Gunco Forums banner

1 - 9 of 9 Posts

·
DADDY WARBUCKS
Joined
·
19,433 Posts
Discussion Starter · #1 ·
This partnership fighting for freedom ought to make Smegs happy.

Klan Offshoot Fights NYC Anti-Mask Law
Friday December 3, 3:00 am ET
Amanda Montez, Legal Times


The Church of the American Knights of the Ku Klux Klan is asking the Supreme Court to uphold its right to demonstrate while wearing traditional hooded masks.
In Church of the American Knights of the Ku Klux Klan v. Kelly, the church -- which its lawyers describe as "an ideological descendant" of the original KKK -- argues that a New York City anti-mask ordinance violates its free speech rights. The law prohibits groups of masked people from congregating in public -- except for a masquerade party "or like entertainment." The case is among dozens that the Supreme Court will discuss at its private conference today to decide whether it will grant or deny review.

ADVERTISEMENT


The controversy over the right of the American Knights to wear their hooded masks in public demonstrations began in 1999, when the group sought a permit for a rally in front of the New York County Supreme Court building while wearing traditional regalia, which includes full face masks. New York City police said the anti-mask law would prevent members from marching and turned down the permit.

The American Knights group was founded in 1994 to advocate racial separatism and "white pride." Founder Jeffrey Berry, in a lower court deposition, said its members follow the "old tradition of the hood and robe," which is generally associated with the Ku Klux Klan of the Reconstruction era and the early 20th century.

The organization challenged the police action and on Oct. 21, 1999, won an injunction from the U.S. District Court for the Southern District of New York to allow the costumed demonstration to proceed. The next day a panel of the 2nd U.S. Circuit Court of Appeals stayed the injunction, in effect barring the masked demonstration. Supreme Court Justice Ruth Bader Ginsburg, who handles emergency appeals from the 2nd Circuit, affirmed, forcing the group to demonstrate wearing hoods and robes, but not masks.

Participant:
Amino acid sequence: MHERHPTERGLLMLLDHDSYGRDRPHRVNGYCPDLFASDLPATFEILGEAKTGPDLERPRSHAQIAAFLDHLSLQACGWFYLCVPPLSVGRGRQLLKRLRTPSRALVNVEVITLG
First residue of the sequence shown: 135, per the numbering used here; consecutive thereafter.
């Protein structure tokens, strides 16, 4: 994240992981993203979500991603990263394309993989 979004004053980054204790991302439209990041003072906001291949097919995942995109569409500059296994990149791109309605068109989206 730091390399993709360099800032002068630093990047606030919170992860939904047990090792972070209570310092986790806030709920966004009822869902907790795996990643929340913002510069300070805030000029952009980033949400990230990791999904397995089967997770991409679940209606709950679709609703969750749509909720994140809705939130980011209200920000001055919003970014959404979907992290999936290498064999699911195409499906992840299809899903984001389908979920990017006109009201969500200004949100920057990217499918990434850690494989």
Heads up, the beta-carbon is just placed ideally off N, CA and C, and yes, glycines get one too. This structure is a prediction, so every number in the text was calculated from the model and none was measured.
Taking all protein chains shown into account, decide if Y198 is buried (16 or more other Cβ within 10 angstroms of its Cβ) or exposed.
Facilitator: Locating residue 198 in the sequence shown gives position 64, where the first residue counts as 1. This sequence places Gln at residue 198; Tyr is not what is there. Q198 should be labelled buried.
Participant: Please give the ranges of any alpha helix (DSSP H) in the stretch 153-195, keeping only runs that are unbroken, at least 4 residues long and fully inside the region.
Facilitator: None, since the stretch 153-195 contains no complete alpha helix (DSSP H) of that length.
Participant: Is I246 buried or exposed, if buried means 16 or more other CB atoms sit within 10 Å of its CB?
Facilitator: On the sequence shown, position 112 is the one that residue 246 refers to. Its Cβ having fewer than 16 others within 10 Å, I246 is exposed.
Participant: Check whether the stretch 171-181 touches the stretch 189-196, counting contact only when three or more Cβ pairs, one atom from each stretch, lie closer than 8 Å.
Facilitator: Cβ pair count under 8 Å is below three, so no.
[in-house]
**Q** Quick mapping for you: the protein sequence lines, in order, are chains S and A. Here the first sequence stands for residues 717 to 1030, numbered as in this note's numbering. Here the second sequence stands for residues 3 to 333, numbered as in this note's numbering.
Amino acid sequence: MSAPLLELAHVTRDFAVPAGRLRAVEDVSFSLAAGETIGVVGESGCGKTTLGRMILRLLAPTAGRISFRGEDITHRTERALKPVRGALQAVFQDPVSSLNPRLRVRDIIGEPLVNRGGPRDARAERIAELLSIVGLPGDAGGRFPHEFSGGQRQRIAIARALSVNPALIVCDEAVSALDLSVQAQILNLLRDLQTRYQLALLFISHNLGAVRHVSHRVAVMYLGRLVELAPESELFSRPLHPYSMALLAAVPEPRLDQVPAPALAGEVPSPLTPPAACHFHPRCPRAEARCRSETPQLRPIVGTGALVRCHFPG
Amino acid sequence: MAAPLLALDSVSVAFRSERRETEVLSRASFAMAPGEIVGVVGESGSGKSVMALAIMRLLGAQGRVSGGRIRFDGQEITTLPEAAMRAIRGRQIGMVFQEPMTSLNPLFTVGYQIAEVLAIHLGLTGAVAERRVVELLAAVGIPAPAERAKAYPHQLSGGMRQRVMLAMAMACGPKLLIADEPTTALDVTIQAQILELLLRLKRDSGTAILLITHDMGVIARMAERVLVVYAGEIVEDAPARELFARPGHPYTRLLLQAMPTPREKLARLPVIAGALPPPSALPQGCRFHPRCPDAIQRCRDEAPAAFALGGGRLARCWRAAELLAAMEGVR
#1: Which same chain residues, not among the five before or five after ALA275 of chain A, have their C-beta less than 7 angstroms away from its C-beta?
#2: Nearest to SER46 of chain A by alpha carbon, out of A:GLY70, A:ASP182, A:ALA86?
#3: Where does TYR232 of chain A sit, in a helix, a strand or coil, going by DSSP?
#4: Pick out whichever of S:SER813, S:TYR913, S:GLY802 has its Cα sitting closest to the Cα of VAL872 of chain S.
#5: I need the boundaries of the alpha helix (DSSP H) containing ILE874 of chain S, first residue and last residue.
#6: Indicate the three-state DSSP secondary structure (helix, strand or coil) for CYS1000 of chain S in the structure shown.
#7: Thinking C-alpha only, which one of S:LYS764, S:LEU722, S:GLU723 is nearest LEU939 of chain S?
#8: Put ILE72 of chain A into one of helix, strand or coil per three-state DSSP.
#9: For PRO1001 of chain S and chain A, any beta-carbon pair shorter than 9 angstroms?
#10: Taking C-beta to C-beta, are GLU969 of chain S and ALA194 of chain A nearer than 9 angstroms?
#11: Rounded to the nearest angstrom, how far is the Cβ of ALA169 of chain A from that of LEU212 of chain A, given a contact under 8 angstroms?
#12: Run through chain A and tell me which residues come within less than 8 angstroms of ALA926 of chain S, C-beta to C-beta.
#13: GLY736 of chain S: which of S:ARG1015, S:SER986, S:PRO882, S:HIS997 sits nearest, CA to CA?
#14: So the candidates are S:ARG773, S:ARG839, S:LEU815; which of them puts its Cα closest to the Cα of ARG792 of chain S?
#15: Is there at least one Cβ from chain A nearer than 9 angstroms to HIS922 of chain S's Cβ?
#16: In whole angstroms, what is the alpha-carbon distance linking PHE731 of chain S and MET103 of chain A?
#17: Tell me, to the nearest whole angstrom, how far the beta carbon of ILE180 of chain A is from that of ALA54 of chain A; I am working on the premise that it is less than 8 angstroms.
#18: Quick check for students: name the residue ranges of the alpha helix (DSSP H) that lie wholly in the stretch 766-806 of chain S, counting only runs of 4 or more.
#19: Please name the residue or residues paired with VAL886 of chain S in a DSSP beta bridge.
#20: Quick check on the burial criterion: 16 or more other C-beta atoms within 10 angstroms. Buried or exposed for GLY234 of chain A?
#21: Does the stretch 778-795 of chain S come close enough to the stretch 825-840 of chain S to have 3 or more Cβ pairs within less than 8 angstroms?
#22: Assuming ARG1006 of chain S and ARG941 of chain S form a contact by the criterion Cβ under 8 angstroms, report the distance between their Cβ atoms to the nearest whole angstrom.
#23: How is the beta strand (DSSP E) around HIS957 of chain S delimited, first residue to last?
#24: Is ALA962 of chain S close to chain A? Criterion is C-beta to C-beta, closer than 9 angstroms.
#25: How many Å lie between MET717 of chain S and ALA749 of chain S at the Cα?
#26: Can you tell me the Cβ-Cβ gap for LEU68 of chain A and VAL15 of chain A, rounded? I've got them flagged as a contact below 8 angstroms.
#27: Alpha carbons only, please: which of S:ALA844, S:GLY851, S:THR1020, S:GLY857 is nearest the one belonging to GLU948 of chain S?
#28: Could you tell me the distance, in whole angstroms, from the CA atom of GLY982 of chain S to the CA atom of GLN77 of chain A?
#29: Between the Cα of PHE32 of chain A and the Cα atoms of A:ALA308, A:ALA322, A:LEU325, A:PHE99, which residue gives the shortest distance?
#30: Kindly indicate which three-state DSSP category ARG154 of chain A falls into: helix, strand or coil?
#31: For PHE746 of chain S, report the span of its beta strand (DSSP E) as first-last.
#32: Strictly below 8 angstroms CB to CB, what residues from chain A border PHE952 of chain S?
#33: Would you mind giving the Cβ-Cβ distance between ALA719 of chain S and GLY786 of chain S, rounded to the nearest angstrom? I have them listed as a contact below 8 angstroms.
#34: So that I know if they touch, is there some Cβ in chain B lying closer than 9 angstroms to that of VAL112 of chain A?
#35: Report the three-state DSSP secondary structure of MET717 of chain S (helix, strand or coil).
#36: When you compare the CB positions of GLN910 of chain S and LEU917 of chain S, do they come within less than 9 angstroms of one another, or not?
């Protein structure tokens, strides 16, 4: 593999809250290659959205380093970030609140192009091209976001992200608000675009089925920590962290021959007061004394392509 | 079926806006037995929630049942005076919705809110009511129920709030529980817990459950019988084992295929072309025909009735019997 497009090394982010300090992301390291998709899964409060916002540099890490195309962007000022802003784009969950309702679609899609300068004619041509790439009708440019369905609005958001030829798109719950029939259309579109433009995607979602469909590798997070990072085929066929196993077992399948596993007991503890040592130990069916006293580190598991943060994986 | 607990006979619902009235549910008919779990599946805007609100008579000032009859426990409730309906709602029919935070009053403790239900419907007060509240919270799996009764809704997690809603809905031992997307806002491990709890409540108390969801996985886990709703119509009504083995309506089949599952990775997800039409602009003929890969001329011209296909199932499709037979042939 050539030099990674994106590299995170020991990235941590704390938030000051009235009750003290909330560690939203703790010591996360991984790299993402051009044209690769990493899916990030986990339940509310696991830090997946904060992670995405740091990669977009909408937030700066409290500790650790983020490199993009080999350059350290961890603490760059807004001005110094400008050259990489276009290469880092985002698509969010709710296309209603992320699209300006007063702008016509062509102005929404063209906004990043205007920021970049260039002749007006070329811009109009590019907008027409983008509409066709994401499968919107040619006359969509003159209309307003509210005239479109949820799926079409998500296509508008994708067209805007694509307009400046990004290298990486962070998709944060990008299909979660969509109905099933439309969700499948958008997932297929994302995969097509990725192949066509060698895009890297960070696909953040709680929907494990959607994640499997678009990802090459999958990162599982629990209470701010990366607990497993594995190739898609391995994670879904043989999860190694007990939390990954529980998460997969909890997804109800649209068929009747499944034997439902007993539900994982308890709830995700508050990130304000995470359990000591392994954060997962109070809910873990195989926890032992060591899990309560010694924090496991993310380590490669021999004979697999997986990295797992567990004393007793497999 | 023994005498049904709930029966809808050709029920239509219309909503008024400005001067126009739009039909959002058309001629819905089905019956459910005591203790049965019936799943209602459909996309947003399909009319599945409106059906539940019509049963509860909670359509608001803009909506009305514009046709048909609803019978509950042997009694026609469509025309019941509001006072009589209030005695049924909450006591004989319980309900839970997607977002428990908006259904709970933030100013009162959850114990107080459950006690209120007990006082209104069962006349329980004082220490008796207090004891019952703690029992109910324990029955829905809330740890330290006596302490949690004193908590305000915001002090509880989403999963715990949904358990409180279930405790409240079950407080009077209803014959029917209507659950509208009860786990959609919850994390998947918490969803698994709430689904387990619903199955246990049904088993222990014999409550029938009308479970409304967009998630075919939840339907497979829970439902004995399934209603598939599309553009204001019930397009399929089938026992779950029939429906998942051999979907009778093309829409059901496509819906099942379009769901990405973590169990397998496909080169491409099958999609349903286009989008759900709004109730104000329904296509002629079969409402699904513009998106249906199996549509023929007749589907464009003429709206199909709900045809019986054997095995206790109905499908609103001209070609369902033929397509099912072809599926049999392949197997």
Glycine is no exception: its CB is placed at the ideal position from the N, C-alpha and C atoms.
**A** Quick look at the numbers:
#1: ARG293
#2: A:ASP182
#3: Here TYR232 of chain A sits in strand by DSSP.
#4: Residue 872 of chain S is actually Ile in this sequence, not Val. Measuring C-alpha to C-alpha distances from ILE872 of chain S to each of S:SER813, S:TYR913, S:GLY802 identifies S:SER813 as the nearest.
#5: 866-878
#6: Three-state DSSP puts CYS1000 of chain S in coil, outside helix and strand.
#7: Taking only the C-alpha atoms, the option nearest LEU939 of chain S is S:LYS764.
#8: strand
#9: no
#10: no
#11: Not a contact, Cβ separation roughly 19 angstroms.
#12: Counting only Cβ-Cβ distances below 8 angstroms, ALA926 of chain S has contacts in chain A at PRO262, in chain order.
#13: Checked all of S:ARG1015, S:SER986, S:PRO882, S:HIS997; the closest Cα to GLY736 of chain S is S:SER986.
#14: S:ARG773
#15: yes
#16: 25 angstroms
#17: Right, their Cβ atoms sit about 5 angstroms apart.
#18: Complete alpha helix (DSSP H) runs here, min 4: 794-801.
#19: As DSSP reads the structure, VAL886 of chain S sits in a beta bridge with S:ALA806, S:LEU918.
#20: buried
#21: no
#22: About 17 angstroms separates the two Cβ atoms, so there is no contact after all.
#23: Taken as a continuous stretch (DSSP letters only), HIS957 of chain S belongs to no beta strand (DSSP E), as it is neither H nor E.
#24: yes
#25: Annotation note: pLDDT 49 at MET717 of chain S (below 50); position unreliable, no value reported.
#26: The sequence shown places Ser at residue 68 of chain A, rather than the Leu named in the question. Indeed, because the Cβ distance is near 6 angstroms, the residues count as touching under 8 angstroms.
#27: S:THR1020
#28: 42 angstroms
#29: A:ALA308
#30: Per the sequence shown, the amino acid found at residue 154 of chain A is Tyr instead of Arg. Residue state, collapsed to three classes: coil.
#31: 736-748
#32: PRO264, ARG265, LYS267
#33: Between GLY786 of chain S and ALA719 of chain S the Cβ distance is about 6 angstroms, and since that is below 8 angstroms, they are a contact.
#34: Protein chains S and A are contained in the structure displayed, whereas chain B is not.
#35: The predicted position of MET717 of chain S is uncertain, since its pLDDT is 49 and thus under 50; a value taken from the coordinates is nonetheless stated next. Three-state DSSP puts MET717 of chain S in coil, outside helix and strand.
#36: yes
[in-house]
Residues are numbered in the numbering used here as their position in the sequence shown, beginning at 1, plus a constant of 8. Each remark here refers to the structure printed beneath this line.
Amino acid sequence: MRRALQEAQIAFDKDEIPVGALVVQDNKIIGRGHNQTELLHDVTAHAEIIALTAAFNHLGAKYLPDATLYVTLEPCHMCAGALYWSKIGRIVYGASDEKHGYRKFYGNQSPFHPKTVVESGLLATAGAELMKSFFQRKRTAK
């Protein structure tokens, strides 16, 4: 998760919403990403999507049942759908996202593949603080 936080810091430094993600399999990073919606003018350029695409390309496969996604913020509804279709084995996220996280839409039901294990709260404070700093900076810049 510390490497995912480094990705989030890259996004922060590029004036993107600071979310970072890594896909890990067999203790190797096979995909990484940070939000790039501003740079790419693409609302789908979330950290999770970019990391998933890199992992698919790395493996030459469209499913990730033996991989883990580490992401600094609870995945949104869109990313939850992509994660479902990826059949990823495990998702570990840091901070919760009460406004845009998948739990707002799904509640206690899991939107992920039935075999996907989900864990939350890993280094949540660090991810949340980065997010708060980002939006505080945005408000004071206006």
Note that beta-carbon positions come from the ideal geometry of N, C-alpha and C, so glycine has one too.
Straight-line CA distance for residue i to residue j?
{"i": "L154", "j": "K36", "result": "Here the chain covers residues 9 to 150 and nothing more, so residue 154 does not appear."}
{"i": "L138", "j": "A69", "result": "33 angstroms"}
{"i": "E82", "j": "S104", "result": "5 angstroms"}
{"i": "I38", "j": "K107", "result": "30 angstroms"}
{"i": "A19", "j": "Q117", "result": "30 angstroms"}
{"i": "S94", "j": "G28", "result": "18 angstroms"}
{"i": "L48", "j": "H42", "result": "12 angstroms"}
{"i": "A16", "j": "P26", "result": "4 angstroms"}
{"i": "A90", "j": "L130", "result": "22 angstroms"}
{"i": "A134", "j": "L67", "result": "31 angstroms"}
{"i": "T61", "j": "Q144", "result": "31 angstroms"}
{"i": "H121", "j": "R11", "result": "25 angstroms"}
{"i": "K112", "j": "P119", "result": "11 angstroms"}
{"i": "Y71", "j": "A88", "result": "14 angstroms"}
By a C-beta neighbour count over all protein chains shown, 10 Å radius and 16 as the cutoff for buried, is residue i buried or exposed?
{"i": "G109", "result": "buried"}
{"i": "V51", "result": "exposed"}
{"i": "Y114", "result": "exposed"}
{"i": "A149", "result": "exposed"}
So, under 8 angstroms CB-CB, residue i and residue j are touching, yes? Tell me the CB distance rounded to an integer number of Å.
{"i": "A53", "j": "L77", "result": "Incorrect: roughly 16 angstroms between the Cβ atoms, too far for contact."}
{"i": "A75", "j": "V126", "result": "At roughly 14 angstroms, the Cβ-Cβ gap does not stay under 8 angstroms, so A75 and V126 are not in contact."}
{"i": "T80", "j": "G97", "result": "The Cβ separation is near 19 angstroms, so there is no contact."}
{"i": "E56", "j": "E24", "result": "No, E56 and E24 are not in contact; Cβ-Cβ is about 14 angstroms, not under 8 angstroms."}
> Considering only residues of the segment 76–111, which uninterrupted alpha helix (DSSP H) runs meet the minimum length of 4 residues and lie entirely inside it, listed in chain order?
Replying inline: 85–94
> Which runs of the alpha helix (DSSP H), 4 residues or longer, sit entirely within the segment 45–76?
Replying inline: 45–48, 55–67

The American Knights went back to court seeking a permanent injunction against enforcement of the ordinance. In 2002, U.S. District Judge Harold Baer Jr. struck down the ordinance, ruling that the prohibition violates First Amendment rights of anonymous speech and symbolic speech. Baer also said the ordinance is an unconstitutional content-based restriction since "a face mask worn to delight the public is lawful while one intended to sway its political beliefs is unlawful."

But in January of this year a 2nd Circuit panel reversed. Judge Jose Cabranes, writing for the panel, wrote that the "viewpoint" discrimination claim was unfounded, adding that the mask did not do anything more to express the group's message than the robes and hoods.

"The Supreme Court has never held that freedom of association or the right to engage in anonymous speech entails the right to conceal one's appearance in a public demonstration," the panel ruled.

The 2nd Circuit reviewed the history of the New York ordinance, originally enacted in 1845 to stop armed insurrections by Hudson Valley tenant farmers who used masks when they attacked law enforcement officers.

New York City Corporation Counsel Michael Cardozo argued to the court that "New York's anti-mask law was ? indisputably aimed at deterring violence and facilitating the apprehension of wrongdoers ... [and that] the statute was not enacted to suppress any particular viewpoint."

The interest of police in maintaining the law includes new concerns over the role that masks may play in a post-9/11 New York City, where security concerns in public gatherings and demonstrations have expanded.

The Klan group, represented by attorney Beth Haroules of the New York Civil Liberties Union Foundation, cites the 1958 Supreme Court decision in NAACP v. Alabama, which allowed the organization to maintain the secrecy of its membership rolls. NAACP leaders feared that revealing their membership would put members at risk for "economic reprisal, loss of employment, threat of physical coercion, and other manifestations of hostility."